The Ivy League Conversation: What's To It?

An environment that challenges you, is always one that will move you in the right direction. This past week, I have been surrounded by a variety of promising women all offering perspectives on higher education, the steps to take, and what it all really means. A majority of these women, that I interacted with attend Spelman College, the #1 HBCU in the country, and CAU’s “sister” school across the bay.

The prestige that comes with Spelman College, is one that is noted as admirable and viable to the world of both HBCUs and PWIs. In fact, it is exactly what drew me into The Ivy League Conversation at hand. I was in a room with a few Spelmanites, with thoughts shared on “fellowships at Harvard” and “summer programs at Columbia”, that made me sit back reflectively, with nothing to add to the conversation. I wondered why I did not find my way into these conversations on my campus,  in my home, or even within my own internal dialogue. I sat and focused on, what’s to it?

Regarding my upbringing, I knew the lack of resources was a result of being a first-generation college student. While many times my parents jokingly noted that I’d make it to Harvard to become the first woman POTUS, I always felt, deep down, like that would never be the case. Not just because I could never be a politician (lol), but because the concept of Harvard was so ambiguous, and because of that it always felt unattainable.

At my high school, resources were never provided on how to work your way up to any Ivy League dream, it was simply good enough to graduate, and go to any college you could. As I grew to understand the collegiate world in a way that my parents did not, I began to focus on statistics regarding acceptance rates, average ACT/SAT scores, and how that affected both my interest and desire to go. Therefore, as I explored my options, I never even thought to consider an Ivy League institution. There always seemed to be a more suitable fit.

However, now, as a Sophomore in college considering a graduate degree, I have this urge to push myself to explore all of my options. Yet, even with this motivation, I pondered on how to even begin to consider attending a college/university that averages an acceptance rate of 5% or less. After conversations with my friends and collegiate peers, I narrowed down what is exactly needed to formulate the thought to pursue an Ivy League education, in a setting where the thought has never occurred.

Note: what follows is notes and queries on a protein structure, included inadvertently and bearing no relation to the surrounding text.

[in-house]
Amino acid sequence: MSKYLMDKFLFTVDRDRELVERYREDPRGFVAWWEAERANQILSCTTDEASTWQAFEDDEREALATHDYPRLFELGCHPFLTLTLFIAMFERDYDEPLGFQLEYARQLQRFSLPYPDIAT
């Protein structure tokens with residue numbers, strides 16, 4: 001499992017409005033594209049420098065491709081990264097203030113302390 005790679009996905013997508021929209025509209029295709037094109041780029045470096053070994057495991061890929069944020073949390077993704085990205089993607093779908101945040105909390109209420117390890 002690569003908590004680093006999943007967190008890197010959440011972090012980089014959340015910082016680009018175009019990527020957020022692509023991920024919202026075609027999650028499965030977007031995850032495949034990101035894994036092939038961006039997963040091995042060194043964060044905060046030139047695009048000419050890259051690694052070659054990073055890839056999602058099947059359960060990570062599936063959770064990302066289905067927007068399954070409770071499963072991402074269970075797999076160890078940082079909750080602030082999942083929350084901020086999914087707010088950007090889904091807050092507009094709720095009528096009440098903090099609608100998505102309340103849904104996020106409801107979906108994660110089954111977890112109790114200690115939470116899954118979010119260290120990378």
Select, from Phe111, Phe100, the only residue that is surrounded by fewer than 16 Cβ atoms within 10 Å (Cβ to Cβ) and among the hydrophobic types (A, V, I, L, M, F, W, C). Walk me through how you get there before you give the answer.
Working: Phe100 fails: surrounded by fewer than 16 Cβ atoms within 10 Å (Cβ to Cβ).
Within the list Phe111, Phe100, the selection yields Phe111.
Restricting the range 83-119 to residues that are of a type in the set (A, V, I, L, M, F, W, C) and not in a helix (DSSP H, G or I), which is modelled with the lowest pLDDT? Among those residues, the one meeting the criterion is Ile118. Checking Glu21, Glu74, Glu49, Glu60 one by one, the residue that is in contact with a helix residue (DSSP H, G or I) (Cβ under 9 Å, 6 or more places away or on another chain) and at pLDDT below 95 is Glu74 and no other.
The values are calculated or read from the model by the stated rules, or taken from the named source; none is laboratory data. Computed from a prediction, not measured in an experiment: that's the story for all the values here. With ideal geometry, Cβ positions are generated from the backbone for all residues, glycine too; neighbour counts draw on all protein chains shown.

1. Find A Way Or Make One

Going full force with CAU’s school motto, nothing can be done unless you do it. I learned I needed to start the conversation. Find your resources, find people to talk to about their experiences, and then make a way for the journey to make sense to you. Leaving the concept as unfamiliar will allow us to do nothing but continue to push the thought aside, steering us away from applying.

2. Know What The Institution Can Offer YOU

While Ivy Leagues are definitely prestigious and promising, I never support going to college/university just for the name. Knowing what degree you’d like to pursue, in what major, will really allow you to concentrate on if you want to go to an Ivy League school for the hype, or for a future that is beneficial to you.

3. Get There In Undergrad

One thing I never did during my undergraduate college search was taking the time out to visit campuses. I highly regret not taking those extra steps because online tours and Youtube videos will only tell you so much. As I consider a Master’s Degree, at any institution (Ivy League or not), I plan to tour as much as possible. Doing so will gage my comfortability and again affirm if the school is really for me.

What truly promotes conversation is education and understanding. The only way these conversations can be normalized is if we really engage in having them by sharing our input and our resources on the topic. In the collegiate world, there should be no thought that stops you from achieving a huge aspiration, realistic or not. A lot of us have already made it as far as undergrad, so nothing should stop us now.